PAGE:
12

This question already has an answer here:

I have this text

txt = "Local residents o1__have called g__in o22__with reports...";

in which I need to get the list of numbers between each o and __

If I do

txt.match(/o([0-9]+)__/g);

I will get

["o1__", "o22__"]

But I'd like to have

["1", "22"]

How can I do that ?

marked as duplicate by Pere Villega, Florian Peschka, Roman C, stema, Graviton Jul 9 '13 at 2:52

This question has been asked before and already has an answer. If those answers do not fully address your question, please ask a new question.

19

See this question:

txt = "Local residents o1__have called g__in o22__with reports...";
var regex = /o([0-9]+)__/g
var matches = [];
var match = regex.exec(txt);
while (match != null) {
    matches.push(match[1]);
    match = regex.exec(txt);
}
alert(matches);
  • I don't know which one to choose, yours is the first but @friend00 is more detailed :) – Pierre de LESPINAY Sep 2 '11 at 8:10
  • 2
    Ok let's validate yours, you need more reputation than @jfriend00 :) – Pierre de LESPINAY Sep 2 '11 at 8:52
  • 6
    Caused an infinite loop – Rudi Strydom Mar 19 '17 at 0:00
13

You need to use .exec() on a regular expression object and call it repeatedly with the g flag to get successive matches like this:

var txt = "Local residents o1__have called g__in o22__with reports...";
var re = /o([0-9]+)__/g;
var matches;
while ((matches = re.exec(txt)) != null) {
    alert(matches[1]);
}

The state from the previous match is stored in the regular expression object as the lastIndex and that's what the next match uses as a starting point.

You can see it work here: http://jsfiddle.net/jfriend00/UtF6J/

Using the regexp this way is described here: https://developer.mozilla.org/en/JavaScript/Reference/Global_Objects/RegExp/exec.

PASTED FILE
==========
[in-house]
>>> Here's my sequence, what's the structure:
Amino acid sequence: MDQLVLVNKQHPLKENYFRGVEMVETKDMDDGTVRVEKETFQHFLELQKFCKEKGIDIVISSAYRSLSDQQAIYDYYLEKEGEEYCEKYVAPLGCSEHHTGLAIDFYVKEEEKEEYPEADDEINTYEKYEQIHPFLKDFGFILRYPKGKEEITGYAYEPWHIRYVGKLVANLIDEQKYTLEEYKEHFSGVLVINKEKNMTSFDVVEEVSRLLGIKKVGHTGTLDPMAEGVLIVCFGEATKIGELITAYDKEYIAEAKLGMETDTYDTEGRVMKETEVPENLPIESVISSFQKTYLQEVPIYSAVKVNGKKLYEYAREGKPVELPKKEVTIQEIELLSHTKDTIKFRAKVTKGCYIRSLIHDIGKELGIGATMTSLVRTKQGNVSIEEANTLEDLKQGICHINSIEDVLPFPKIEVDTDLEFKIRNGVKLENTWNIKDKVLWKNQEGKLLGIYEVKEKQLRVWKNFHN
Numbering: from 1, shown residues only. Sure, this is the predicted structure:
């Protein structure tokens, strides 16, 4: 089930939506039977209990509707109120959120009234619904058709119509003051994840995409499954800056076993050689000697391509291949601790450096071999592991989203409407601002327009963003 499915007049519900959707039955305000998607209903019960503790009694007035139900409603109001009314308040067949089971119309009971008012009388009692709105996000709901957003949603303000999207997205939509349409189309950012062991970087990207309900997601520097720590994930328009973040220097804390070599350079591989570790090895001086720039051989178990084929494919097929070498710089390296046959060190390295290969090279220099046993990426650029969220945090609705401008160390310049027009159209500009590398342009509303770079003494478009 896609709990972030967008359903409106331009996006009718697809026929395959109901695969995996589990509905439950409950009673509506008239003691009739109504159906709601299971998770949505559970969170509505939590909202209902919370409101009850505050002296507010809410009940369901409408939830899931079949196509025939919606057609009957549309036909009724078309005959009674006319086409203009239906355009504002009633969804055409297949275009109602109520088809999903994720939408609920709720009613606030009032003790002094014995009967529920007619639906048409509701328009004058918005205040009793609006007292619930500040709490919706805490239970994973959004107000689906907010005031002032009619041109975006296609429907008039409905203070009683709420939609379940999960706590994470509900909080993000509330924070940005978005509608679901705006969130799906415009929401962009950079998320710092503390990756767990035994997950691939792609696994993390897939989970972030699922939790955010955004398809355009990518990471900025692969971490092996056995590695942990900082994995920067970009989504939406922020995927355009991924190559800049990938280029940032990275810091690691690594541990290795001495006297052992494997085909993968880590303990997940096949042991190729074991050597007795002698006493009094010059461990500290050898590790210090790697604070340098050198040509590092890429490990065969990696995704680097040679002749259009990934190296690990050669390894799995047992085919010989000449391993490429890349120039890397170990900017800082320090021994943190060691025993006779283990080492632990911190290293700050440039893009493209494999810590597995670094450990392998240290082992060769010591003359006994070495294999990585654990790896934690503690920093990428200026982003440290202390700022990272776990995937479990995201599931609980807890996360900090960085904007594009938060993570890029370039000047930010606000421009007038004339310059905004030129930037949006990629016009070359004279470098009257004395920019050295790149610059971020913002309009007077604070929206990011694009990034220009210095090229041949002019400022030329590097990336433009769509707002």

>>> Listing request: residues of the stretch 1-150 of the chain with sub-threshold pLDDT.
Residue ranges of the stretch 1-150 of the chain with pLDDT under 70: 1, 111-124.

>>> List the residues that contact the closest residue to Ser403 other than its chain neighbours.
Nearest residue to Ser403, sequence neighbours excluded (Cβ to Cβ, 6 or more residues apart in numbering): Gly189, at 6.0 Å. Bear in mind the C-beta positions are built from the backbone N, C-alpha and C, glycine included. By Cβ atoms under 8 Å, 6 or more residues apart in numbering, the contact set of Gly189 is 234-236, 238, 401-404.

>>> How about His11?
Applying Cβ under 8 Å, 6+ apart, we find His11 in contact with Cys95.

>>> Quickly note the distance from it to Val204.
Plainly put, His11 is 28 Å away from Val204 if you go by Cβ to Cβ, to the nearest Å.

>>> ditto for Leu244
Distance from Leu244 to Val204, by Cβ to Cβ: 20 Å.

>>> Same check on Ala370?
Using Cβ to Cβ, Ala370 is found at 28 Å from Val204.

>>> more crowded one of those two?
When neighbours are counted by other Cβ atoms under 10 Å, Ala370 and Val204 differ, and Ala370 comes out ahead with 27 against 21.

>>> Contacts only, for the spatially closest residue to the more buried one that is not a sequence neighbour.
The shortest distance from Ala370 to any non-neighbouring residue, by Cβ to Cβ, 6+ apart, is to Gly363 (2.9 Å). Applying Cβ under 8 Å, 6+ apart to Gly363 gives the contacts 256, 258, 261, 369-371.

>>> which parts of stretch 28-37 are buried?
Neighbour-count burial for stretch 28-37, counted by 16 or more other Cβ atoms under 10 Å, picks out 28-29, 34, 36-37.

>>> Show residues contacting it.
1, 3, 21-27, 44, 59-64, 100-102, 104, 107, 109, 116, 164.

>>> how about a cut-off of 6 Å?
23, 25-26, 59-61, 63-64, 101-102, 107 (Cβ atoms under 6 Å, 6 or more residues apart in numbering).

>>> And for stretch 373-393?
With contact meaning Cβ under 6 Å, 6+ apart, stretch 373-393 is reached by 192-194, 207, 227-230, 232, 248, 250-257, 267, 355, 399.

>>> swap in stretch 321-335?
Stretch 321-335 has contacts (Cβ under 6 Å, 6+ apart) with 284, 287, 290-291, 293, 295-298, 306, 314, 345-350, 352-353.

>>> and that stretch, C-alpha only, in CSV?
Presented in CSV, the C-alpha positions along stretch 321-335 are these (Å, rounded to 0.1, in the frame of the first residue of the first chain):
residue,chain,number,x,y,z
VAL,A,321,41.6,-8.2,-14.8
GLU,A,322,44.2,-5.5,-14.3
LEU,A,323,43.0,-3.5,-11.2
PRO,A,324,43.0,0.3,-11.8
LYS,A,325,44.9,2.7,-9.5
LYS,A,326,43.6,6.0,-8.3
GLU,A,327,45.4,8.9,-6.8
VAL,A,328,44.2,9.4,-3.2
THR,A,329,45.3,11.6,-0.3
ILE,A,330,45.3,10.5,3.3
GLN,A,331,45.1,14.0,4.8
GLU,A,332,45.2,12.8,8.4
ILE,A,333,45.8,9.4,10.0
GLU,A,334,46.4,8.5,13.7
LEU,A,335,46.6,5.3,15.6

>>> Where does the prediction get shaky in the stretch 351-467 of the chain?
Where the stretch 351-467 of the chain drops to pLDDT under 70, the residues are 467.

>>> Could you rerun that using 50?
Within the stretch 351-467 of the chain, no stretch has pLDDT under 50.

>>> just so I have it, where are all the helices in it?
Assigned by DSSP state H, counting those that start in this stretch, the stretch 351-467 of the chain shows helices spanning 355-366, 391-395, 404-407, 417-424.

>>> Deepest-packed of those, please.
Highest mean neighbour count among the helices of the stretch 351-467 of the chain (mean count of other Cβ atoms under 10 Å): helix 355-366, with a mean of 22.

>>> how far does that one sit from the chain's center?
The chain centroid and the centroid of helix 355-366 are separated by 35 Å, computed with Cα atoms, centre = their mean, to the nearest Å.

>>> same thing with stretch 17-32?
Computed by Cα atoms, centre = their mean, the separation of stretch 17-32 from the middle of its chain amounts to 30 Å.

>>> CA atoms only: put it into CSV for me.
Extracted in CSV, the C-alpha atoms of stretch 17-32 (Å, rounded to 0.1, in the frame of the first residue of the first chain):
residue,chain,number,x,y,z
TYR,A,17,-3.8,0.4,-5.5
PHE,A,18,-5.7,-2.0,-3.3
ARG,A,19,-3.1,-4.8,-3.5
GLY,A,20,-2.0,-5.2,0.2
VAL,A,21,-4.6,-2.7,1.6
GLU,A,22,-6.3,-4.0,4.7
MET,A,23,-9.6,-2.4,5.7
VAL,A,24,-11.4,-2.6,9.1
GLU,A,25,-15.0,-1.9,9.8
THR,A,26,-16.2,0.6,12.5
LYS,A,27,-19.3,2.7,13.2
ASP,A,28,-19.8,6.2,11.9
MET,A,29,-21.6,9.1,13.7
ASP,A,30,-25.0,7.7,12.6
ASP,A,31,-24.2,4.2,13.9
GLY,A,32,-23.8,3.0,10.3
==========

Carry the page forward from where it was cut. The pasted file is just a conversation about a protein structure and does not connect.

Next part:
• I don't know which one to choose yours is more detailed but @Soldier.moth 's is the first :) – Pierre de LESPINAY Sep 2 '11 at 8:08
  • Perhaps a couple of typos, but Soldier's code won't work as it only ever calls regex.exec() once (it has to get called multiple times as part of the loop) and it will go into an infinite loop if it matches anything as the value of match is never changed once the while loop starts. – jfriend00 Sep 2 '11 at 8:13
  • Whoops! Definitely typo, fixed. – soldier.moth Sep 2 '11 at 8:18
  • If i call to validate this code re.test(txt) and then try do while, it stars at second match and we lost the first match. – fdrv Mar 15 '16 at 4:38
  • @Jek-fdrv - Yes, if you're using the g option on your regex, then both .test() and .exec() advance one match down the target string each time you call them. That state is stored in the regex object itself. You can reset that state if you want by setting the .lastIndex property on the regex back to 0. – jfriend00 Mar 15 '16 at 4:59
3
/o([0-9]+?)__/g

This should work. Click here and search for "lazy star".

var rx = new RegExp( /o([0-9]+?)__/g );
var txt = "Local residents o1__have called g__in o22__with reports...";
var mtc = [];
while( (match = rx.exec( txt )) != null ) {
        alert( match[1] );
        mtc.push(match[1]);
}

Jek-fdrv pointed out in the comments, that if you call rx.test just before the while loop some results are skipped. That's because RegExp object contains a lastIndex field that keeps track of last match's index in the string. When lastIndex changes then RegExp keeps matching by starting from it's lastIndex value, therefore a part of the string is skipped. A little example may help:

var rx = new RegExp( /o([0-9]+?)__/g );
var txt = "Local residents o1__have called g__in o22__with reports...";
var mtc = [];
console.log(rx.test(txt), rx.lastIndex); //outputs "true 20"
console.log(rx.test(txt), rx.lastIndex); //outputs "true 43"
console.log(rx.test(txt), rx.lastIndex); //outputs "false 0" !!!
rx.lastIndex = 0; //manually reset lastIndex field works in Chrome
//now everything works fine
while( (match = rx.exec( txt )) != null ) {
        console.log( match[1] );
        mtc.push(match[1]);
}
  • Giving me the same result. Are lazy things implemented in javascript ? – Pierre de LESPINAY Sep 2 '11 at 8:03
  • Yes, they are. I edited and added a little code, tested locally and works for me. Shows two alerts with "1" and "22" – CaNNaDaRk Sep 2 '11 at 8:37
  • Now it populates mtc array too. – CaNNaDaRk Sep 2 '11 at 8:42
  • If i call to validate this code rx.test(txt) and then try do while, it stars at second match and we lost the first match. – fdrv Mar 15 '16 at 4:38
  • That's right, everytime you call test method the lastIndex member of the RegExp object increases to next match position, if you don't reset it (by setting it to 0) next time you call for match or test the string is analyzed only from lastIndex value. Try to set "rx.lastIndex = 0;" just after you call for test and then call match again. That works on Chrome. I'll edit the answer adding a little example. – CaNNaDaRk Mar 16 '16 at 11:04

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